Shaper tooling


Shaper tools are basicaly lathe tools. Generally almost every lathe tool will also work on the shaper (Knurling tools might be an exception ;-) ). Tooling material is HSS, carbide works in some cases, but only if the shaper has an actuated clapper box (Which the smaller shapers don't have) which lifts the tool of the surface during the return stroke. The smaller shapers drag the tool over the surface on the return stroke and carbide does not like that.

Common shaper tools:

Left, neutral and right hand tool:

Most used tools, they are used to cut all sorts of surfaces, steps and chamfers. The neutral one is very usefull for roughing a flat surface, as it can cut in both directions.
It is a very good idea to round the cutting tip very lightly with a fine stone - This improses surface finish and reduces the cutting forces.

When shaping a step, you start out with roughing cuts and leave some stock for finishing.
When going for the finish cut you start with the horizontal surface until you approach the vertical wall, then you feed the tool up to finish the vertical wall. It is a good idea to do more than one finishing pass, so you can check your dimensions in between:

With the left and right tool you can machine dovetails. Same procedure as before, after roughing the angled wall and the bottom surface are cut in one pass:

Holder for small HSS tools:

Generally the same as the full sized tools, but they are faster to grind as they are not as massive.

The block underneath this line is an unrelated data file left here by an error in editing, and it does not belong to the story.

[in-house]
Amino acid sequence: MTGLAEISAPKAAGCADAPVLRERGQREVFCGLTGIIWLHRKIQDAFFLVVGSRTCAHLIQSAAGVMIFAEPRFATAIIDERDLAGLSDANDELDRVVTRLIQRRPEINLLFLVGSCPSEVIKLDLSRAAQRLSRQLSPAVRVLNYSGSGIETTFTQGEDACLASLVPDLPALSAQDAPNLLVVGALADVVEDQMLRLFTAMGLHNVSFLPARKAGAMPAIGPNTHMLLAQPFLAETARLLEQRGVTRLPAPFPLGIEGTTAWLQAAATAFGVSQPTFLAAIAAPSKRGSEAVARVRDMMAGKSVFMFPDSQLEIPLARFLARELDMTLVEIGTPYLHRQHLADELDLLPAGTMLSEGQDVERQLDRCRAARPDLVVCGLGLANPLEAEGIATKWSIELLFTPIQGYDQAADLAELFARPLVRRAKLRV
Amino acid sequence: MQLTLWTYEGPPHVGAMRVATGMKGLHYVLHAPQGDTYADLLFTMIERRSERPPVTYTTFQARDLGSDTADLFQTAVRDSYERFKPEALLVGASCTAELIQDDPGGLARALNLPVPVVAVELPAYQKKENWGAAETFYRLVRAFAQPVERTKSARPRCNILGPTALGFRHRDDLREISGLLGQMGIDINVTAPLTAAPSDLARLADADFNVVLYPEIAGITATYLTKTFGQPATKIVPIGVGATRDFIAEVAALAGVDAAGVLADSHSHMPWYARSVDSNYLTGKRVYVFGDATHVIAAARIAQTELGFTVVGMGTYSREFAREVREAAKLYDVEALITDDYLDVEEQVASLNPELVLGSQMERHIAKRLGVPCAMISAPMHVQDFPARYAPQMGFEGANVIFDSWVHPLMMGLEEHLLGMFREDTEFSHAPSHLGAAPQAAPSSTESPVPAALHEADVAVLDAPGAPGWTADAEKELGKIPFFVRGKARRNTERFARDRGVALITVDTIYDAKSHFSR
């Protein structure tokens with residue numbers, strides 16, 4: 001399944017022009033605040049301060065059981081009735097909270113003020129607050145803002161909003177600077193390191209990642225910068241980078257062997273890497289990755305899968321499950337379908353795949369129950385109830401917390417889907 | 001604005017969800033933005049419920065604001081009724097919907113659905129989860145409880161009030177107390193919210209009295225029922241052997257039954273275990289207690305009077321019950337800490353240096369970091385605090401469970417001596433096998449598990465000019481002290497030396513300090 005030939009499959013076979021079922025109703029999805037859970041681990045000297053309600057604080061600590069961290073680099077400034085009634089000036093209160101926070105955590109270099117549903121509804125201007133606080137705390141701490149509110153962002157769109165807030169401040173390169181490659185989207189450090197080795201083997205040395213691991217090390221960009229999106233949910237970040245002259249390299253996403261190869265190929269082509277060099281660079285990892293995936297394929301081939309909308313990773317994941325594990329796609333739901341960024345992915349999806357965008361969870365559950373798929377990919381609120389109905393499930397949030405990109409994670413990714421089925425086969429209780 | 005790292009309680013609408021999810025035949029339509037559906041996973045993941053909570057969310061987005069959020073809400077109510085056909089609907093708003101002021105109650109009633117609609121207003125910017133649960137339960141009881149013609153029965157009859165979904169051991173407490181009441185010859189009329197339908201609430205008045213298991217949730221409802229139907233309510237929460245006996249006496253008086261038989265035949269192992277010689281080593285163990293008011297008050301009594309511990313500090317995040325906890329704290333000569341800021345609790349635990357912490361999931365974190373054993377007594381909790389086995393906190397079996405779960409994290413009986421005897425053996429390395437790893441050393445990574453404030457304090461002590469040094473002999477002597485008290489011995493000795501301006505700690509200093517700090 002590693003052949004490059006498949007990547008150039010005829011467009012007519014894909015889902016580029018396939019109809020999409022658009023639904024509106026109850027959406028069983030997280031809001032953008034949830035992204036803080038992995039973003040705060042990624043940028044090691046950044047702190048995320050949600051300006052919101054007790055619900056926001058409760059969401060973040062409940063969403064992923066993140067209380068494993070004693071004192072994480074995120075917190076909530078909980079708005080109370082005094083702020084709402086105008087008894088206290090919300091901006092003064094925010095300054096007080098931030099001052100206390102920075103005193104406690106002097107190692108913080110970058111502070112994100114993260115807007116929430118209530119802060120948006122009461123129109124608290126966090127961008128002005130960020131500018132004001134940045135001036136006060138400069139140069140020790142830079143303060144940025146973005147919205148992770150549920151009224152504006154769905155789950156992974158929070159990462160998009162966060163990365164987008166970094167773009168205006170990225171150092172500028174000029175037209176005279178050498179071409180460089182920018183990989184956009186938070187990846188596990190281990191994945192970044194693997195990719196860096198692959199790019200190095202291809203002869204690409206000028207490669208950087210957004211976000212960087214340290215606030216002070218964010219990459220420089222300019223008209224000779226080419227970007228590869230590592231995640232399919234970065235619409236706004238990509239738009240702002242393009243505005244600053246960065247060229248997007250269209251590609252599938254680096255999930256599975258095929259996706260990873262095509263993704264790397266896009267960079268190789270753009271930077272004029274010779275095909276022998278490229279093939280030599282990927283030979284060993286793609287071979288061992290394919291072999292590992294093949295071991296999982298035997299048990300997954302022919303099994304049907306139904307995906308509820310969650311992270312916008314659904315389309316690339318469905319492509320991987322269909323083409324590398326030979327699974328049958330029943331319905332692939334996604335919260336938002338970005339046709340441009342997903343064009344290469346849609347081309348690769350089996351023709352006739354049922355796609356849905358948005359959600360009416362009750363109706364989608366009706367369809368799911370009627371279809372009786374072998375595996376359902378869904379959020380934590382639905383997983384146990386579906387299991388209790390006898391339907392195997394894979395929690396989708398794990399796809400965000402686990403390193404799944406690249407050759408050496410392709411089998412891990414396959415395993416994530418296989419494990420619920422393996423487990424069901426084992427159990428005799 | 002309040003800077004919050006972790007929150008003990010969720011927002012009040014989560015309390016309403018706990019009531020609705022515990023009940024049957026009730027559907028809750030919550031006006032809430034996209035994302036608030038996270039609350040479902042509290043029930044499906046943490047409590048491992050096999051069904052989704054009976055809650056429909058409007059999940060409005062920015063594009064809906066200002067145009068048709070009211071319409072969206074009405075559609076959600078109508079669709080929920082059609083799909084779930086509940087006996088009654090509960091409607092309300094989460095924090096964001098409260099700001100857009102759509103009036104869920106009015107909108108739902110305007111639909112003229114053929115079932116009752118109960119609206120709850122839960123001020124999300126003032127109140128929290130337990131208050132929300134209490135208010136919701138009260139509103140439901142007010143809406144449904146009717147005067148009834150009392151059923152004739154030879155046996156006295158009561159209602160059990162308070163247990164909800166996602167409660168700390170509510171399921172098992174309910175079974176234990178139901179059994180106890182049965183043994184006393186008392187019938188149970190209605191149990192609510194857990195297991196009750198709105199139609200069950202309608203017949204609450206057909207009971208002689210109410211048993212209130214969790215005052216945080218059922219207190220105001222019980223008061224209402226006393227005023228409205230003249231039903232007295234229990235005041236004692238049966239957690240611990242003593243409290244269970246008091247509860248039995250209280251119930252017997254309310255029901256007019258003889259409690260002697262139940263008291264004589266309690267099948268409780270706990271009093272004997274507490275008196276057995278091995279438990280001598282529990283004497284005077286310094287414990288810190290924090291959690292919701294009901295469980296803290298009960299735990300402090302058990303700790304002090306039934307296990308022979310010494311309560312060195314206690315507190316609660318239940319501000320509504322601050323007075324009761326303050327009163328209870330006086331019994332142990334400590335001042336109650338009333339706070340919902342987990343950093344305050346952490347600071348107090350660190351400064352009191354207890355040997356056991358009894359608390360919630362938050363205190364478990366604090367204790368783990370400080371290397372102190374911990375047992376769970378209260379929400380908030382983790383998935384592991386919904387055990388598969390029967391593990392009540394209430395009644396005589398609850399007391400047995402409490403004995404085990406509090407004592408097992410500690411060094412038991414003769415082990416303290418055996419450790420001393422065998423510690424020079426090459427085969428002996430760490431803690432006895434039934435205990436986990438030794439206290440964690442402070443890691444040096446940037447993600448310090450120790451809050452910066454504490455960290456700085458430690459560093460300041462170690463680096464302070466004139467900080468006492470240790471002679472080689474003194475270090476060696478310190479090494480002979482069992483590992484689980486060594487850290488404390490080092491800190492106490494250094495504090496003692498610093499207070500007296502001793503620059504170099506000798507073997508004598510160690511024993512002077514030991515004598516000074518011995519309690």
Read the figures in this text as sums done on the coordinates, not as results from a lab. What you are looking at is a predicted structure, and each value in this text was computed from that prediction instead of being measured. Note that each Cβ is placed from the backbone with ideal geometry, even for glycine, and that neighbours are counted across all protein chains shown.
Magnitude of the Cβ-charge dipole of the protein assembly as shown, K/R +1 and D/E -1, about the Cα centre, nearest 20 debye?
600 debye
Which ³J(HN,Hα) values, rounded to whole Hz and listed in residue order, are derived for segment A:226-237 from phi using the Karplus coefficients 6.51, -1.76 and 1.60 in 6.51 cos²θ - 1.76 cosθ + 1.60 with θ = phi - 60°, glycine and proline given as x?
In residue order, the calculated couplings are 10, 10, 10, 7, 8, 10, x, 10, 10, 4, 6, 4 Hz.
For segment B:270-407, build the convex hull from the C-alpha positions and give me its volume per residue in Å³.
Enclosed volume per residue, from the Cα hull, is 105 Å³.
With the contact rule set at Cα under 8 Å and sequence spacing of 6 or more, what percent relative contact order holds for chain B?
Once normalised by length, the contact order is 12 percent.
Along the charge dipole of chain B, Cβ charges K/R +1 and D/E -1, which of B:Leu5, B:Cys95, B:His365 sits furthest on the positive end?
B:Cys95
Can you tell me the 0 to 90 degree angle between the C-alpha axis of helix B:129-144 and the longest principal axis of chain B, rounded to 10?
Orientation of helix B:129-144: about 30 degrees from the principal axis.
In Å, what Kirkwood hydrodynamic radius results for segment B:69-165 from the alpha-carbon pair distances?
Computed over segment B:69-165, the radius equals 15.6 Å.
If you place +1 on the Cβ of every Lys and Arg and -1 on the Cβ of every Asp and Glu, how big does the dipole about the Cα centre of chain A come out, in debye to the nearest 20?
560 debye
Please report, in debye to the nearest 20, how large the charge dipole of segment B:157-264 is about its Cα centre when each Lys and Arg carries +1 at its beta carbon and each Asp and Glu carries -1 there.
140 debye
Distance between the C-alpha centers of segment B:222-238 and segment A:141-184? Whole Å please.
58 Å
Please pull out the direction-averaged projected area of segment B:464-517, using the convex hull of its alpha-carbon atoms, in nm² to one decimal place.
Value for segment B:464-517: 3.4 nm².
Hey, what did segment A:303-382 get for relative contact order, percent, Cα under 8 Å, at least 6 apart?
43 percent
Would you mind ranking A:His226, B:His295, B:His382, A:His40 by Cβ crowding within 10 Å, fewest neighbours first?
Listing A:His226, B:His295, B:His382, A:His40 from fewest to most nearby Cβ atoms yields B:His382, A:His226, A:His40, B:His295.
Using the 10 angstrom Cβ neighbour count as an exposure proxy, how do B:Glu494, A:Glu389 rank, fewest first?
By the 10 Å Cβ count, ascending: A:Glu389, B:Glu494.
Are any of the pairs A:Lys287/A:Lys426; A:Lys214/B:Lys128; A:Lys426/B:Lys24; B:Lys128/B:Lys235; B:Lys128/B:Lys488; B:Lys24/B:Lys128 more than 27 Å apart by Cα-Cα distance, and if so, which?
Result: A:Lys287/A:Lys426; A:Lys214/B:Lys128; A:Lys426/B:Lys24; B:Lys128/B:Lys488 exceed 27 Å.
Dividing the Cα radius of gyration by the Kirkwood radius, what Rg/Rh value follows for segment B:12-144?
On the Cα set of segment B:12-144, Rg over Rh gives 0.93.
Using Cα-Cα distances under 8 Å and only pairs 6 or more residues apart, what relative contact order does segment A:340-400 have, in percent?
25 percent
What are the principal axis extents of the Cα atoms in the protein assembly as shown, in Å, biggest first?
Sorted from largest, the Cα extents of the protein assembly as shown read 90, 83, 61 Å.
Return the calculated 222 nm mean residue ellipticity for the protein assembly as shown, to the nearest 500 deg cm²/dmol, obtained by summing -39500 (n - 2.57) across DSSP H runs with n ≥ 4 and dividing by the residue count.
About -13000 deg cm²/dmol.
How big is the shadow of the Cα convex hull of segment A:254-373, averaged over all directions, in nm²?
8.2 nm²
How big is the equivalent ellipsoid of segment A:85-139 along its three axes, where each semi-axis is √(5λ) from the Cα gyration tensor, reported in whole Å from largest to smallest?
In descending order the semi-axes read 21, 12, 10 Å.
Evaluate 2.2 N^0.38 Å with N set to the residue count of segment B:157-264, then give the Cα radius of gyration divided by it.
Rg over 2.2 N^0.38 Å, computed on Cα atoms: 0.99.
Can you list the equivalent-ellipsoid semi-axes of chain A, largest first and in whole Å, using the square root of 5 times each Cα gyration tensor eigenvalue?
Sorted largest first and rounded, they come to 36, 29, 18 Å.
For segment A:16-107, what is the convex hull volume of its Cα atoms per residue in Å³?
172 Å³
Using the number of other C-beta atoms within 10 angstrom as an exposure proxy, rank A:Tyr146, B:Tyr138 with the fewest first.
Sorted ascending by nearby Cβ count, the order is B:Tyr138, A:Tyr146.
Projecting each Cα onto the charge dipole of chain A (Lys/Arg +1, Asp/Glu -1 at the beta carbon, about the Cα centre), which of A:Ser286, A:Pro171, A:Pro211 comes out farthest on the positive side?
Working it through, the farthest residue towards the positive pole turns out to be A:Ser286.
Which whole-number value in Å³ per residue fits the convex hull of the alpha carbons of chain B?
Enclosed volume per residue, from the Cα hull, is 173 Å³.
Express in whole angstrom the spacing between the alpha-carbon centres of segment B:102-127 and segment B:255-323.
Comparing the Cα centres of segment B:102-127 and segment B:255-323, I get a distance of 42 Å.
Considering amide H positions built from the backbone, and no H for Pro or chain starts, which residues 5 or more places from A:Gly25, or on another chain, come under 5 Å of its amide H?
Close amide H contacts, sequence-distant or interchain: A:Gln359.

Shear tool:

Produces very good finishes, even with heavy feed. Depth of cut should not exceed 0,1...0,5mm, the cross feed can be as big as 0,25...0,5mm.
With similar tools and even bigger feed the tables of machine tools where finished (Washboardlike surface, like on the Deckel milling machines).

The nose radius is about 20mm:

The cutting edge is angled about 30°:

Such a tool produces a nice surface even in the most horrible mild steel:

When the stroke lenth of the shaper is set very carefull and the ends are reliefed, you can also machine such "internal" surfaces:

Youtube video for the operation shown in the last photo.

Slotting tool:

This is the slotting tool holder that the previous owner of my machine made. It replaces the normal clapper box and is way more rigid than that style of slotting tool that clamp in the clapper box.
The bore for the slotting tool itself is drilled at 5° angle to give it the required clearance angle:

The tools are machined from drillrod and hardened. The tip has the with of the slot to be cut, behind the tip it is relieved, so it doesn't rub or bind.

Generaly speaking, you can not machine a blind slot on a shaper. One trick to do it anyway is a relief hole at the end of the slot to give the chips some space.

Here a real world example for a blind keyway slot in an alumium pulley - The relief hole for the chips can be seen:


I did not mention cutting/tool angles in this text on purpose: Because they do not matter as much as one might think. When all the clearance angles are something between 3...10° you will have a tool that works.
As said before, just look at a lathe tool and use your imagination, where you need clearance and where not, where to put a radius and where not.
Look at the chips, a proper ground tool will produce a nice curling chip when you take a testcut in mild steel. Change your angles on the tool and watch what happens.